March 5, 2019
Arata Isozaki Wins 2019 Pritzker Architecture Prize
Isozaki has been prolific, with a career that began in Post-War Japan but has surpassed six decades and produced over one hundred buildings on multiple continents.
Today, the Pritzker Architecture Prize named its 42nd laureate: Japanese architect, planner, and theorist Arata Isozaki.
Isozaki was an early conduit between East and West, traveling extensively before returning to Japan, which was in the process of rebuilding its cities and economy after World War II. “I wanted to see the world through my own eyes, so I traveled around the globe at least ten times before I turned 30,” the laureate told the Pritzker Architecture Prize. “I wanted to feel the life of people in different places and visited extensively inside Japan, but also to the Islamic world, villages in the deep mountains of China, South East Asia, and metropolitan cities in the U.S. I was trying to find any opportunities to do so, and through this, I kept questioning, ‘what is architecture?’”
His early notable projects include several buildings in his hometown of Ōita, though several international projects may be his best known, such as the The Museum of Contemporary Art, Los Angeles (1981–1986) and the Palau Sant Jordi (1983–1990). The latter of the two was designed for the 1992 Summer Olympic Games in Barcelona. “Isozaki is a pioneer in understanding that the need for architecture is both global and local—that those two forces are part of a single challenge,” says Pritzker Architecture Prize jury chair Justice Stephen Breyer. “For many years, he has been trying to make certain that areas of the world that have long traditions in architecture are not limited to that tradition, but help spread those traditions while simultaneously learning from the rest of the world.”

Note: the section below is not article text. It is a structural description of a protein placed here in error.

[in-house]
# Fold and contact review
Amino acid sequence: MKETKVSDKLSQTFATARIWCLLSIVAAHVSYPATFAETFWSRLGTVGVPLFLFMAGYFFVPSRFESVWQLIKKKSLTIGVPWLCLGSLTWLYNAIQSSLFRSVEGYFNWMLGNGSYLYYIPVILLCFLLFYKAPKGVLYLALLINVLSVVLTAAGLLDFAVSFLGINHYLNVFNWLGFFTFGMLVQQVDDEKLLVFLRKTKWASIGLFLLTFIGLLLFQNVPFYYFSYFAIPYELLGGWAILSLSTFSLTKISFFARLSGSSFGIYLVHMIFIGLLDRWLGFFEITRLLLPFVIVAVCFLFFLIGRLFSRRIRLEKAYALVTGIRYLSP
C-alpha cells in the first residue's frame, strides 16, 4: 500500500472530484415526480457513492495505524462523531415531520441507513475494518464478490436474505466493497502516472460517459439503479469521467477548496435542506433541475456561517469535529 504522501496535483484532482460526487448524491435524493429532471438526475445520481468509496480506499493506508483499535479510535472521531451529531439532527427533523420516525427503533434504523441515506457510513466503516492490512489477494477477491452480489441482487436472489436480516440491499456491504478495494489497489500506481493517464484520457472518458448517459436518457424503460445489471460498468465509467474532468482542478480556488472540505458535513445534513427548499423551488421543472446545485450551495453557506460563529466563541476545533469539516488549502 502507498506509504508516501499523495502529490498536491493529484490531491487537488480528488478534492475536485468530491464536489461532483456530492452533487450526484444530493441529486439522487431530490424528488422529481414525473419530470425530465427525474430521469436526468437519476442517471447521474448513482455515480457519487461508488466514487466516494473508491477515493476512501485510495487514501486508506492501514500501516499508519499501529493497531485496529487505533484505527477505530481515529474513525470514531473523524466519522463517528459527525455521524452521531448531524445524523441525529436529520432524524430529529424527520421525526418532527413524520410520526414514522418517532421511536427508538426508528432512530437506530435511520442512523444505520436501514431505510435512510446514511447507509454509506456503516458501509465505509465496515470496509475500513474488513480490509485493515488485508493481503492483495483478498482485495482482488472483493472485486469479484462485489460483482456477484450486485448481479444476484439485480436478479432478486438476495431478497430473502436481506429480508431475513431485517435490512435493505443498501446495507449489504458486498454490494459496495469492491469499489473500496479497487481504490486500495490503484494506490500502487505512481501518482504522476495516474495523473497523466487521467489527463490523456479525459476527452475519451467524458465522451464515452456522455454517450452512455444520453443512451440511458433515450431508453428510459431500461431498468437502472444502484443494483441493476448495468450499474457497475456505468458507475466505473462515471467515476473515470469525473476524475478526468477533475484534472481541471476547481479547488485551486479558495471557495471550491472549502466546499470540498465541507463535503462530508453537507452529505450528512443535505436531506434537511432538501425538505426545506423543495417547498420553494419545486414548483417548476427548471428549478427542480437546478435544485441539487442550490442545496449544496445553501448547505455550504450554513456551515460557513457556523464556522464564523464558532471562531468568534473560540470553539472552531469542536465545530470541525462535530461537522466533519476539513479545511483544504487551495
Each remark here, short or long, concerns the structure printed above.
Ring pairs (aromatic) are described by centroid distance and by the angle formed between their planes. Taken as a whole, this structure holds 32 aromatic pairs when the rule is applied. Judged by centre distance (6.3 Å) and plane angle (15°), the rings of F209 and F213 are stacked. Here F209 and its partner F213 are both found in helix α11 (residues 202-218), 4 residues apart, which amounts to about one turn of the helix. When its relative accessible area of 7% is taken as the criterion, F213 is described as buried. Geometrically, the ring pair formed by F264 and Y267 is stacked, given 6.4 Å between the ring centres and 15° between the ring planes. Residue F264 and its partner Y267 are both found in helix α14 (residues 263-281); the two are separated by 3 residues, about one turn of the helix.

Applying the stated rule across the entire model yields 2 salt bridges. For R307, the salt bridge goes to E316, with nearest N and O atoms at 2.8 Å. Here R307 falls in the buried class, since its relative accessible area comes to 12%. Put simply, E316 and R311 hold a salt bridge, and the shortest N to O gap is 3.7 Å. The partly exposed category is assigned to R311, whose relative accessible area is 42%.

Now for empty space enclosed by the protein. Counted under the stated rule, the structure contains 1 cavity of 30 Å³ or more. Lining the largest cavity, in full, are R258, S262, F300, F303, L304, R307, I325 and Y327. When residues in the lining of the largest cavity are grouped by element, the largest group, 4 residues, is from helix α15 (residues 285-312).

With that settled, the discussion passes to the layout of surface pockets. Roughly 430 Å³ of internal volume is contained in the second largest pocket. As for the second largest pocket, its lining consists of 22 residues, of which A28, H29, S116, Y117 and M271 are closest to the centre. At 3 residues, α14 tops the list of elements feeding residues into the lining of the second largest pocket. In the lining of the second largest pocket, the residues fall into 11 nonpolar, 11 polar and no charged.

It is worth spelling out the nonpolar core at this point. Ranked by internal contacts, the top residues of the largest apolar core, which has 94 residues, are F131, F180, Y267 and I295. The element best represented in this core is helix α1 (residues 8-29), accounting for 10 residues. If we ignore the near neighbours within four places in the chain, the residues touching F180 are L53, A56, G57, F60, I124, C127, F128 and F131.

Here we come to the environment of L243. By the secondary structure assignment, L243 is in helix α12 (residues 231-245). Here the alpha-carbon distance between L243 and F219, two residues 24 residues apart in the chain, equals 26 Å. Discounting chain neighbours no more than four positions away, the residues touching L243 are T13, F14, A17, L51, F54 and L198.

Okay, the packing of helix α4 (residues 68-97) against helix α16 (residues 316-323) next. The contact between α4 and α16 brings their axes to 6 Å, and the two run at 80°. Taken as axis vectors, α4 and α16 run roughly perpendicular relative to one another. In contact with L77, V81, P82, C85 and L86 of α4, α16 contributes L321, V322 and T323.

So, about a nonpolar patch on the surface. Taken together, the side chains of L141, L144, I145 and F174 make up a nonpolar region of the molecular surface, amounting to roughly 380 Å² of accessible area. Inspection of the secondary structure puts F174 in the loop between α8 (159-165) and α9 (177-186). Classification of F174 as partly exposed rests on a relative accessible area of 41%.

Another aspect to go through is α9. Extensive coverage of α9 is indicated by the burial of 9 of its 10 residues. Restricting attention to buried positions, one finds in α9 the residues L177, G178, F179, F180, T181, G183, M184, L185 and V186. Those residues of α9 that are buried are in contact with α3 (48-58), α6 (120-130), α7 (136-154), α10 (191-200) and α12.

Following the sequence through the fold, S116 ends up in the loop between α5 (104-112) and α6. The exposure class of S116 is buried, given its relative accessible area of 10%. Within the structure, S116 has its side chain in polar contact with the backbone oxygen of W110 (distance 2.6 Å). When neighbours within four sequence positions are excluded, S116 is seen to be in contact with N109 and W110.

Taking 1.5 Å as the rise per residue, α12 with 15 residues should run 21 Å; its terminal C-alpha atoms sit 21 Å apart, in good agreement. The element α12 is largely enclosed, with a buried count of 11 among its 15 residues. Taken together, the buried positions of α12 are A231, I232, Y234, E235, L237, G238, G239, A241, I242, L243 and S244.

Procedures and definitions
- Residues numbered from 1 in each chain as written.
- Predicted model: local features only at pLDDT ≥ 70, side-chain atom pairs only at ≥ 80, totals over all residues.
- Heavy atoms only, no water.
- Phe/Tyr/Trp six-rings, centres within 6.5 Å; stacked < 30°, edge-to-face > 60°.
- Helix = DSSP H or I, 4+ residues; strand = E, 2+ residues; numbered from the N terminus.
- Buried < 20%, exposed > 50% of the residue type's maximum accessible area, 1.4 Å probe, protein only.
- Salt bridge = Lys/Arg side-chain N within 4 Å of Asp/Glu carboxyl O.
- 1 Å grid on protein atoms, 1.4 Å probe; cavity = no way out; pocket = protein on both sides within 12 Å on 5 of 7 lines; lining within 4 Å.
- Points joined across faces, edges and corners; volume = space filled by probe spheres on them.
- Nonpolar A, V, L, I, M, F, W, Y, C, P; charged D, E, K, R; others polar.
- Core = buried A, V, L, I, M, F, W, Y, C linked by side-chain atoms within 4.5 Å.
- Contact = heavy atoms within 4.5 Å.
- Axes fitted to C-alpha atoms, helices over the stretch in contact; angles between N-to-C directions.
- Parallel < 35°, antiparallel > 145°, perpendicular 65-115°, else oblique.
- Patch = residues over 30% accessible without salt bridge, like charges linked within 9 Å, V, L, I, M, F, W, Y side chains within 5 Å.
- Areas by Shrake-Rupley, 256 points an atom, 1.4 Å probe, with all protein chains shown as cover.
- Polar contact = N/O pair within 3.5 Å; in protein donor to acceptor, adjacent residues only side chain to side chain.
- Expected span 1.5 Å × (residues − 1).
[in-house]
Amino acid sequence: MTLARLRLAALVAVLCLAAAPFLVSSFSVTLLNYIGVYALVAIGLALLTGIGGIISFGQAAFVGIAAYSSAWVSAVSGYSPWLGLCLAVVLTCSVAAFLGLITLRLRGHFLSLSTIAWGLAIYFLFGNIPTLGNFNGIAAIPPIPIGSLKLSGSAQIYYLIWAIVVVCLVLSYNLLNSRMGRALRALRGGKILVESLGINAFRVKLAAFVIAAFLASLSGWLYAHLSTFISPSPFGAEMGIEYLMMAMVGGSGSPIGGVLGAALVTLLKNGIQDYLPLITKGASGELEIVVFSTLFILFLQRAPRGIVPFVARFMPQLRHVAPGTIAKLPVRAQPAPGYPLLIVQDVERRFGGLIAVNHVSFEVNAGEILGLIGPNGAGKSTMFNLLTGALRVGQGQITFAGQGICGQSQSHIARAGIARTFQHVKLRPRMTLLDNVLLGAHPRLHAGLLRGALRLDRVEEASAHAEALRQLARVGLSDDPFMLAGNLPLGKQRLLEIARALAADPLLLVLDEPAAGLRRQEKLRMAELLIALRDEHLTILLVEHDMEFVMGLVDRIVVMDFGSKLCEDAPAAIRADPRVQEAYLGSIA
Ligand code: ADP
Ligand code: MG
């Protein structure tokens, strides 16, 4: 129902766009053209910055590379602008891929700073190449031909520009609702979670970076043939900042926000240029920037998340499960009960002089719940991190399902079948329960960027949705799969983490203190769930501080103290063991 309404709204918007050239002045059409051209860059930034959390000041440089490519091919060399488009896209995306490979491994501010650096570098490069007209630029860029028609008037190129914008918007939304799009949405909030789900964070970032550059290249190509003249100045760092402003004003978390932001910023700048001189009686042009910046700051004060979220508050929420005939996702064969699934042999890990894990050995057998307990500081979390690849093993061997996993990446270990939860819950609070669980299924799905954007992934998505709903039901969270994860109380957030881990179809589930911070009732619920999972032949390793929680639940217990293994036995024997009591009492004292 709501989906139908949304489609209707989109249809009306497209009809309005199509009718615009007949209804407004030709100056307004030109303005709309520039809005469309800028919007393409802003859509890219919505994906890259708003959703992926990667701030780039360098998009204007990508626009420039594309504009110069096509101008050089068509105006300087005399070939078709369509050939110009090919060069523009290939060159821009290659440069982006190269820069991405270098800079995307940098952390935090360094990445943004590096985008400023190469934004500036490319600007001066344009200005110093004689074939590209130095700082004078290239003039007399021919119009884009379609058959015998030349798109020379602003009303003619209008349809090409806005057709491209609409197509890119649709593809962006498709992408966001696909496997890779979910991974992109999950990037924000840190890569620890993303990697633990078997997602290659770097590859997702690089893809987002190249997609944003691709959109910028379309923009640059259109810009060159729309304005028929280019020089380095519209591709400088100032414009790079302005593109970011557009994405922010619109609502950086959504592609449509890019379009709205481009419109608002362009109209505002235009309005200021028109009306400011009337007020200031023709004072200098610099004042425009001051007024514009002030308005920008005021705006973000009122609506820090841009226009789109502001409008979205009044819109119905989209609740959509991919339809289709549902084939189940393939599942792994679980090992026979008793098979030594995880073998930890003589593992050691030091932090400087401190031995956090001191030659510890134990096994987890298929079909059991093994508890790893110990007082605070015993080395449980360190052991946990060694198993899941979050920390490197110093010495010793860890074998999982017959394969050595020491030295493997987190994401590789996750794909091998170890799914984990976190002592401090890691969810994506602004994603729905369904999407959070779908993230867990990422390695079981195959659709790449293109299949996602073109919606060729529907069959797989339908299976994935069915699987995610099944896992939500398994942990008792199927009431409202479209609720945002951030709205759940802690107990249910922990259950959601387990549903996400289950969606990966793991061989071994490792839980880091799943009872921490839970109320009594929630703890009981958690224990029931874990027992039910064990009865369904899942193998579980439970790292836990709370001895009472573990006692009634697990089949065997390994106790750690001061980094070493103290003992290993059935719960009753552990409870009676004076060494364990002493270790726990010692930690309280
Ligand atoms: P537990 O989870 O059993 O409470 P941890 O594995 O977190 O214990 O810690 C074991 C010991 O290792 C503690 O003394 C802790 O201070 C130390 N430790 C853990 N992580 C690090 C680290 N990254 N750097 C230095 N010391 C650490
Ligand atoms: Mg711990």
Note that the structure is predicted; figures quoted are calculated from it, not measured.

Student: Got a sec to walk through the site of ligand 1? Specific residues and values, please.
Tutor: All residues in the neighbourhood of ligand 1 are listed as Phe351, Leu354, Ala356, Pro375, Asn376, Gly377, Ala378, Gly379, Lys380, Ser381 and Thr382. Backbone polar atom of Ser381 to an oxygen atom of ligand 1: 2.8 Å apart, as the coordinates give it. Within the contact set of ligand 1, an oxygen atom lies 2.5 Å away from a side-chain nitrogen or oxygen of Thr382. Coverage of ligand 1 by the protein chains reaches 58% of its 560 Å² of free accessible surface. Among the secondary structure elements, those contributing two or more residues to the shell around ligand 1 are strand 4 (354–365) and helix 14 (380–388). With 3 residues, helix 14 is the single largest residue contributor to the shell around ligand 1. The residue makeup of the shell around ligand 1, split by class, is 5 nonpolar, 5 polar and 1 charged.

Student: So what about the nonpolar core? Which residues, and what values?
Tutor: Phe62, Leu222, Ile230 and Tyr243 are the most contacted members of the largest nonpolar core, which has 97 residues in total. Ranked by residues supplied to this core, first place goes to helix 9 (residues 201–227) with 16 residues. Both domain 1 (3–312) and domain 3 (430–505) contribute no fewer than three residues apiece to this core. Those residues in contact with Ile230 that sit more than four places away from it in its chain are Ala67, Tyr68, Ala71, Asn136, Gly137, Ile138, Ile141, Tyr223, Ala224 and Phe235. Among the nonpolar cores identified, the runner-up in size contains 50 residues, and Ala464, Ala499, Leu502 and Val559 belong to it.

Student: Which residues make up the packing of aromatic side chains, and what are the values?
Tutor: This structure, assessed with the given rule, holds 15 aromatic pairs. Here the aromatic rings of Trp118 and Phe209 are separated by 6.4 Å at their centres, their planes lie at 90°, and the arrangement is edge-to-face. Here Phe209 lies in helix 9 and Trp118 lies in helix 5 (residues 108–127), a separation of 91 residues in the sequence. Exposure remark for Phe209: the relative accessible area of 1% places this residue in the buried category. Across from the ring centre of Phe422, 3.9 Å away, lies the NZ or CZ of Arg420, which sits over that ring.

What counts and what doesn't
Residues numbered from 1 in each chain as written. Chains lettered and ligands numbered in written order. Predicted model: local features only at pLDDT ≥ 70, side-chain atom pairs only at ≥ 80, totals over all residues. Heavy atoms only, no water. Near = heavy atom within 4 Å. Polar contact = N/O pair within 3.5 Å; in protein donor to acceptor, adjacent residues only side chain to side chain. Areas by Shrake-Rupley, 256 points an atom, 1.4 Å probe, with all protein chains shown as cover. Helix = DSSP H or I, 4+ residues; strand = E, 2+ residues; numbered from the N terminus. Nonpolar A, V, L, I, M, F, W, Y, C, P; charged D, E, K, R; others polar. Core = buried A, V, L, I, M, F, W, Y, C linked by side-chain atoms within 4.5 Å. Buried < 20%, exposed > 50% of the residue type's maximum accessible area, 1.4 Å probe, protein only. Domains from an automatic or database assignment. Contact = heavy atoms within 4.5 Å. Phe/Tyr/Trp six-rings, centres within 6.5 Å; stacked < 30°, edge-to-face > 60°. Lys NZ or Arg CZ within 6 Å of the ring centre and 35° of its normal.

Stylistically, Isozaki’s designs are typically marked by simple and bold geometries. However, the jury cited his ability to conceive tailor-made, context-sensitive forms and solutions for each project. “Possessing a profound knowledge of architectural history and theory, and embracing the avant-garde, he never merely replicated the status quo, but his search for meaningful architecture was reflected in his buildings that to this day, defy stylistic categorizations, are constantly evolving, and always fresh in their approach,” said the jury in its citation.
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